I’m writing them down here in case they might be of interest to someone, and so I can throw out the piece of paper.
We’d gone down to Stromovka to play on the zip line and stroll around, and I don’t remember how, but I got into a conversation with an elderly gentleman who was there.

He said his grandfather had been a park warden in Stromovka.

Sunday, February 23, 2014

The wrong symmetry

Morning Edition had an interview on Friday with Marcia McNutt, described as "one of the country's most influential scientists. A former opponent of the Keystone XL pipeline, she's now come around to support it. Her arguments were interesting and had a certain amount of sense in them, but she wrapped up with a couple of statements that strained reason, and one of them would get an "F" on a logic exam.

The argument against the pipeline is that it's being built to bring the Athabascan tar sands to market, and that we need those tar sands to stay in the ground if we're going to have any chance at all of preventing run-away climate change. McNutt observed that the tar sands are moving to market anyway, just by truck and by rail, and those means of transportation use a lot more energy than would a pipeline.

People have also raised concerns about the safety of the pipeline, and several recent spills and/or explosions have increased those fears. But truck and rail transport are also prone to accidents, as has also been recently demonstrated. McNutt argued that environmentalists would do better to cooperate, relinquishing opposition to the pipeline in return for (among other things) advanced safety features to make the pipeline really safe.

Those seem to me like serious arguments that are worth weighing in a discussion of Keystone, but other parts of her argument undercut her credibility. She observed that transport by pipeline is much cheaper than alternatives, and suggested that in this "austere" time there might be a way to use those savings as a source of funding for alternative energy sources.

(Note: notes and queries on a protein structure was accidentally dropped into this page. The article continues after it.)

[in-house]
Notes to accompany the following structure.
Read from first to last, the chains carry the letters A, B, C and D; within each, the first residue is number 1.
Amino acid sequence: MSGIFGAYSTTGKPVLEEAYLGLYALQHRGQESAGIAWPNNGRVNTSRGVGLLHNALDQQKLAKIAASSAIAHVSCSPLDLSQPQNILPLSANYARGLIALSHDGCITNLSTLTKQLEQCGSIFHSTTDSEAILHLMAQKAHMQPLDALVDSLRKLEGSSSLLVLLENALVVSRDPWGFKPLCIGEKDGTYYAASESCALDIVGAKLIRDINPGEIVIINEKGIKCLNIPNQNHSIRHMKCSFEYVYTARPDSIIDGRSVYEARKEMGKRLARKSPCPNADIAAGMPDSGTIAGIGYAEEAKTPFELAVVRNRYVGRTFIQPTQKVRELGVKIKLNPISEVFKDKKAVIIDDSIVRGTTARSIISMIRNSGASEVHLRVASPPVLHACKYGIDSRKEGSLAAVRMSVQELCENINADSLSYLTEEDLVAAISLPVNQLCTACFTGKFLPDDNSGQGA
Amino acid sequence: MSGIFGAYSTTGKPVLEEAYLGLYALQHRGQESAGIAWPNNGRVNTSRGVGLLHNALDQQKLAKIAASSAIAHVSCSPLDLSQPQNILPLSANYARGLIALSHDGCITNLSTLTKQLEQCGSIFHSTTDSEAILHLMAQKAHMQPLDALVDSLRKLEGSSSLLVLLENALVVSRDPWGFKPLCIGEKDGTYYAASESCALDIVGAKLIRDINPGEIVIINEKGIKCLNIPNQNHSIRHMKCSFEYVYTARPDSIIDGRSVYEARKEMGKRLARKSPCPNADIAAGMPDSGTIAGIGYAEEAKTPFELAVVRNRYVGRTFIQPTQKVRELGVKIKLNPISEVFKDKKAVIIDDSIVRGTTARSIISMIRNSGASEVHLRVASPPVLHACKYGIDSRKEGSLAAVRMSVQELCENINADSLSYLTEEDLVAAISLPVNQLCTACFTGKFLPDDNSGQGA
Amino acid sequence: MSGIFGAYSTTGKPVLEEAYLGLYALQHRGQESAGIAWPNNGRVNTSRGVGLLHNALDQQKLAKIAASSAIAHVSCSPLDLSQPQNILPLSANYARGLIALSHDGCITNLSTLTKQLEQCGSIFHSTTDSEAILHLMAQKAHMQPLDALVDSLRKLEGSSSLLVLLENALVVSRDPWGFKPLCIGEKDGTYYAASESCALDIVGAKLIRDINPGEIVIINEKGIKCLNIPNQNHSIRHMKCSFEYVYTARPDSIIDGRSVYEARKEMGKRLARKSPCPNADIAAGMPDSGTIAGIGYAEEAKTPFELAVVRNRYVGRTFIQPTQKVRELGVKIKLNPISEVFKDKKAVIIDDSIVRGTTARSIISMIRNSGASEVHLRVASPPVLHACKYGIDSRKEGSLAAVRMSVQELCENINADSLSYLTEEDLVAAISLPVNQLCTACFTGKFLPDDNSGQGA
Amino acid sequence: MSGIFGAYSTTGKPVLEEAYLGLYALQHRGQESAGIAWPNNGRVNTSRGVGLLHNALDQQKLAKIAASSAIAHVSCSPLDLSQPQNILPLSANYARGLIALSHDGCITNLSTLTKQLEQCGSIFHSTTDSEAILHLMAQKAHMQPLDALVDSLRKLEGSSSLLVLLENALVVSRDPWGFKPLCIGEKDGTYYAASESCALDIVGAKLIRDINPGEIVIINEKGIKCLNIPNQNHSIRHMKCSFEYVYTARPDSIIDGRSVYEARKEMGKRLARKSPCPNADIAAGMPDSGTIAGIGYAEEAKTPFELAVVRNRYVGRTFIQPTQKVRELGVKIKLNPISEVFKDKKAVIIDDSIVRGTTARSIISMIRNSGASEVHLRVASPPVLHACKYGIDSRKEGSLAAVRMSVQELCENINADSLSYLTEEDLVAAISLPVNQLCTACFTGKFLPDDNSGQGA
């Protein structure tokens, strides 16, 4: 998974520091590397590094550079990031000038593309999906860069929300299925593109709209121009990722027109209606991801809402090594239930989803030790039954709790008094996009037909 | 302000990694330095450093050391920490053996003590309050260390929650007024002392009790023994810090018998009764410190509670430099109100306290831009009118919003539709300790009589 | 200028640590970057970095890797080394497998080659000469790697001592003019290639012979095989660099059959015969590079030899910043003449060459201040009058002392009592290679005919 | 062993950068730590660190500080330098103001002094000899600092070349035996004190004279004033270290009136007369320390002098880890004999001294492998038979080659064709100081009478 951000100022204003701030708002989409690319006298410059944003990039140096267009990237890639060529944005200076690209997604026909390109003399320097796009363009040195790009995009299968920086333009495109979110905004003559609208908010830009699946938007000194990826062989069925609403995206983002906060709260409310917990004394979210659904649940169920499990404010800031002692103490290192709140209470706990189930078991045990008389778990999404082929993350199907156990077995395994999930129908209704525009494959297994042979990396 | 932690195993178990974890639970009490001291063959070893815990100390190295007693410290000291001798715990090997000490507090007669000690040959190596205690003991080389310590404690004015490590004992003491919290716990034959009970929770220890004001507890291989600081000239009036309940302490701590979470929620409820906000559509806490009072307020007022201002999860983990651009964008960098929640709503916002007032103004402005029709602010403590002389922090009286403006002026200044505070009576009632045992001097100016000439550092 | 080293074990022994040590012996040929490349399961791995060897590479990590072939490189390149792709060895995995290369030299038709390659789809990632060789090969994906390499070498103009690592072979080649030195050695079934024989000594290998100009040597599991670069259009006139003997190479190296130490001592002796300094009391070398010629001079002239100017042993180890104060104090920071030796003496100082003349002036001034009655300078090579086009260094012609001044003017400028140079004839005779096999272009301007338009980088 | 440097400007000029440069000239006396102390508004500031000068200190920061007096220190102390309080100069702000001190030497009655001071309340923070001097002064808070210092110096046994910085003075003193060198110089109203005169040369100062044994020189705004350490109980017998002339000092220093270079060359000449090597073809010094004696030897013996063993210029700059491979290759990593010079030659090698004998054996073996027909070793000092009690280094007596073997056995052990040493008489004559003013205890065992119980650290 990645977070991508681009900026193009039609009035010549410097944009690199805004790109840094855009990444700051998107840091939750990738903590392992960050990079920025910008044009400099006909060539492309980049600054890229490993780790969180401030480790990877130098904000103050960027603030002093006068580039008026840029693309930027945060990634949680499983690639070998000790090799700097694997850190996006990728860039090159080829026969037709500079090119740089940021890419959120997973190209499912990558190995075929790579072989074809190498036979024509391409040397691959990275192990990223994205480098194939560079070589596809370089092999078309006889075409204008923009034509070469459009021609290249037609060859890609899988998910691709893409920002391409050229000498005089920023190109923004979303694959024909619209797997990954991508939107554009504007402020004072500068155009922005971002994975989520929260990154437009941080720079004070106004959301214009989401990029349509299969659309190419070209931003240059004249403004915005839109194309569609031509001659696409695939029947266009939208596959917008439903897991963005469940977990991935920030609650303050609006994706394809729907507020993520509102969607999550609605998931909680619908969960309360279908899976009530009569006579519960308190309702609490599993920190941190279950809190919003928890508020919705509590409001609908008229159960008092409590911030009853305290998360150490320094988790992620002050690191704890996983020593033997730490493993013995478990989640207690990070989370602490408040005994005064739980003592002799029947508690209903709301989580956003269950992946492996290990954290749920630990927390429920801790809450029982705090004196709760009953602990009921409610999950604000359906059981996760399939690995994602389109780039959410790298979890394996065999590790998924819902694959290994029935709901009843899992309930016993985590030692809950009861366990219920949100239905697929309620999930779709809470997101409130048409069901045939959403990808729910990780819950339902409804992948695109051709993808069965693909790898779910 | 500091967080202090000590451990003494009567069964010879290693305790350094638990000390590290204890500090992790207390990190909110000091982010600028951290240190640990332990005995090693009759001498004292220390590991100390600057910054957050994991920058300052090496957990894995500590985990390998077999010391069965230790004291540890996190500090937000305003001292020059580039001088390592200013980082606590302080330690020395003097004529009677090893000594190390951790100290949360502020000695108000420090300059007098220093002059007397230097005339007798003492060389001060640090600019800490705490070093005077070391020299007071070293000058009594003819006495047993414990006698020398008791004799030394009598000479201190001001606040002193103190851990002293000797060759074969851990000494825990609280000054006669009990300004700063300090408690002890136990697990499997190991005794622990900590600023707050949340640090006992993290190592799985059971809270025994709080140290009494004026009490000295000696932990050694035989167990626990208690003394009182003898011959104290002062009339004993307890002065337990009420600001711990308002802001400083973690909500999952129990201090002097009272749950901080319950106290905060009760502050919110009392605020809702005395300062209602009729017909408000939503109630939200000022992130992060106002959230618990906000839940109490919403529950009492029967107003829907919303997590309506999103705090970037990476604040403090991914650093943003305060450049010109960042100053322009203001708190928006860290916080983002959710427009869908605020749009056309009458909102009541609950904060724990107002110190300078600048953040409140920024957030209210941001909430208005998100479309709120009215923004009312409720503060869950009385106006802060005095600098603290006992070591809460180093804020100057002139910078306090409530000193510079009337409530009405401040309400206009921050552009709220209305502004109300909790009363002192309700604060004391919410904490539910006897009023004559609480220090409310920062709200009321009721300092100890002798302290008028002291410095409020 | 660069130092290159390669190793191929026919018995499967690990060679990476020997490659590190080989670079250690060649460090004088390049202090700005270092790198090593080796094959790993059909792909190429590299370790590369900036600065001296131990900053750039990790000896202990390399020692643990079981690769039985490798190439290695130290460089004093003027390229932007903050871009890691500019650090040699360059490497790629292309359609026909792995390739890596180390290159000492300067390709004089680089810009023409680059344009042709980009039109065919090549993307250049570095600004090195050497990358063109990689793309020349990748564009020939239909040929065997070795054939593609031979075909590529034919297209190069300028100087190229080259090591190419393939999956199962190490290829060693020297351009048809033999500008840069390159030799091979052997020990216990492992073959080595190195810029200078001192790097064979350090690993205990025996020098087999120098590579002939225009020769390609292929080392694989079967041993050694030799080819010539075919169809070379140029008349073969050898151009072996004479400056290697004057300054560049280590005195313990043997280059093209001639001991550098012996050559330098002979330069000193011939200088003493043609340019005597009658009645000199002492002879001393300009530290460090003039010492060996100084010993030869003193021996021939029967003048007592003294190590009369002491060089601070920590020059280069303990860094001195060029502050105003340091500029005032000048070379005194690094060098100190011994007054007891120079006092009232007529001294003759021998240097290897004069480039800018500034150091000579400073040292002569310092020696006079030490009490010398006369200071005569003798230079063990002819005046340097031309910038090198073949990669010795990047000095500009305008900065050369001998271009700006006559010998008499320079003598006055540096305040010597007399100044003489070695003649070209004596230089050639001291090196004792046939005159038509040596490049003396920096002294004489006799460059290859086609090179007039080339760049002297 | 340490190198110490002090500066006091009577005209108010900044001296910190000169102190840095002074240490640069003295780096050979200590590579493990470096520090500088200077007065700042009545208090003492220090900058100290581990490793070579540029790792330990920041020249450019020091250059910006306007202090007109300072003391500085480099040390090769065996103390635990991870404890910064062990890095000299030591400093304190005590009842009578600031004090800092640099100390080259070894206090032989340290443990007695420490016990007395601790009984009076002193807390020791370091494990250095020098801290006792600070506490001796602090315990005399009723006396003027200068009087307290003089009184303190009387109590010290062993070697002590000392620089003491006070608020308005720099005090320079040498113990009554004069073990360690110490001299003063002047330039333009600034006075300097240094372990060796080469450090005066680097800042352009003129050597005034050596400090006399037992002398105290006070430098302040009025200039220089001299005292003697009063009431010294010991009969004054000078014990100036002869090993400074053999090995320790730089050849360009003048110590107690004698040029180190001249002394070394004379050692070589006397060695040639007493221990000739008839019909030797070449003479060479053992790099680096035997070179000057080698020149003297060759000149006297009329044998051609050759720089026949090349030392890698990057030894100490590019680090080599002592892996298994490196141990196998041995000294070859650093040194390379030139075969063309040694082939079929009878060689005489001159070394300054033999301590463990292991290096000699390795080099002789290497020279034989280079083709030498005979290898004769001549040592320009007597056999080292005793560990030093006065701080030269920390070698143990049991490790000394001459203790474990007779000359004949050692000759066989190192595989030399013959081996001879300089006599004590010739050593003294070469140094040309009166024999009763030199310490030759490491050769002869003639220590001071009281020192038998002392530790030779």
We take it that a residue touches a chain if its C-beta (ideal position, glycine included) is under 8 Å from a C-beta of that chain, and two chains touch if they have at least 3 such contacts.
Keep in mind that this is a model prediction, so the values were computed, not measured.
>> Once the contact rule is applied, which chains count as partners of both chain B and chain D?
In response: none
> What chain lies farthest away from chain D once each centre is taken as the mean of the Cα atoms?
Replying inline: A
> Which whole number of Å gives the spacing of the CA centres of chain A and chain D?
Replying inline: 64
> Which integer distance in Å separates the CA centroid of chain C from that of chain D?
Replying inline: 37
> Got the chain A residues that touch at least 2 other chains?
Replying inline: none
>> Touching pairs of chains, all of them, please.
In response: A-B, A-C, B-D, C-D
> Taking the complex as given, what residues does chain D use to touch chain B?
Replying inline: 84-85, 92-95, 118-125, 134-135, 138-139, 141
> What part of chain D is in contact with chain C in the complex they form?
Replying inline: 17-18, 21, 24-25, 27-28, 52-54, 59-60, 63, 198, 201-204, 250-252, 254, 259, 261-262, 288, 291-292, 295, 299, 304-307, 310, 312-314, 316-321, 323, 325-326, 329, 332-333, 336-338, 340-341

Well, sure, in principle. From an aggregate perspective if the economy is saving money through cheaper transport of gas, it should have more means available for other things, like investments in green energy. But the oil companies were planning to pocket those savings, or maybe split them with consumers, so—again from an aggregate perspective—redirecting some of those savings toward green energy would be tantamount to a tax on tar sands extraction.

Look at the political situation today.

Saturday, January 25, 2014

The beer game

In my intro class this week I had the students play the beer game.

The good news is, we got fun results.

The sad news for them is that it involved no consumption of beer. After all, the class is from 9:30 to noon.

It is true that when I lived in Plzeň in 1991-92, the workers on the early shift at the Škoda factory would have a beer on their break at 10am, but the canteen only served the reduced-alcohol variety of Plzeňský prazdroj (aka Pilsner Urquell), and the workers were only making electric locomotives and nuclear reactors, so it wasn't that important to have a clear head. Drinking while learning macroeconomics would be far more dangerous.

You have four links in a supply chain:
  1. A brewery
  2. A distributor
  3. A wholesaler
  4. A bar
Everyone starts with some inventory. They have to order new product from the company above them in the supply chain. They try to satisfy orders from below them in the chain.

There's a series of delays built into the system:

Gimme an "L"!

The December jobs report came out, and while the unemployment rate is down significantly ("Yay!"), the portion of the population with jobs didn't budge from November (in other words, the number of jobs grew just about as fast as the population).

That means that the reason for the improving unemployment rate isn't that lots more people are finding jobs. It's that more people are giving up, or finding their way to early retirement, or making it onto disability, or perhaps slipping away into the informal sector, where they have an income but don't show up in the employment statistics (though this paper disputes the importance of that last factor).

It's been this way for four-and-a-half years. From December, 2007 to June, 2009, jobs fell away like limbs getting lopped off the Black Knight in Monty Python's Holy Grail. Since then, we've basically moved sideways. The unemployment rate has come down from 10% to 6.7%, while the portion of the population with jobs has stayed at the low level it reached in 2009.
Civilian employment-population ratio --
the percentage of the civilian adult population that is employed
(from Bureau of Labor Statistics)

We've managed to keep more limbs from falling off, but we're making basically no progress on growing new ones.

How long is this going to go on?

My colleague Jason Antrosio sent me to a post by Kaushik Basu about the possibility of an L-shaped recovery.

In the good old days (the first several recessions after World War II), recessions were V-shaped: the economy contracted quickly, a lot of jobs were lost in a short time, but then it rebounded quickly. Many of the job losses were layoffs rather than firings: "We don't have enough work for you for at least the next three months; we'll call you back when we need you." And after several months, people would be called back, and the economy would go along it's merry way as if nothing had happened.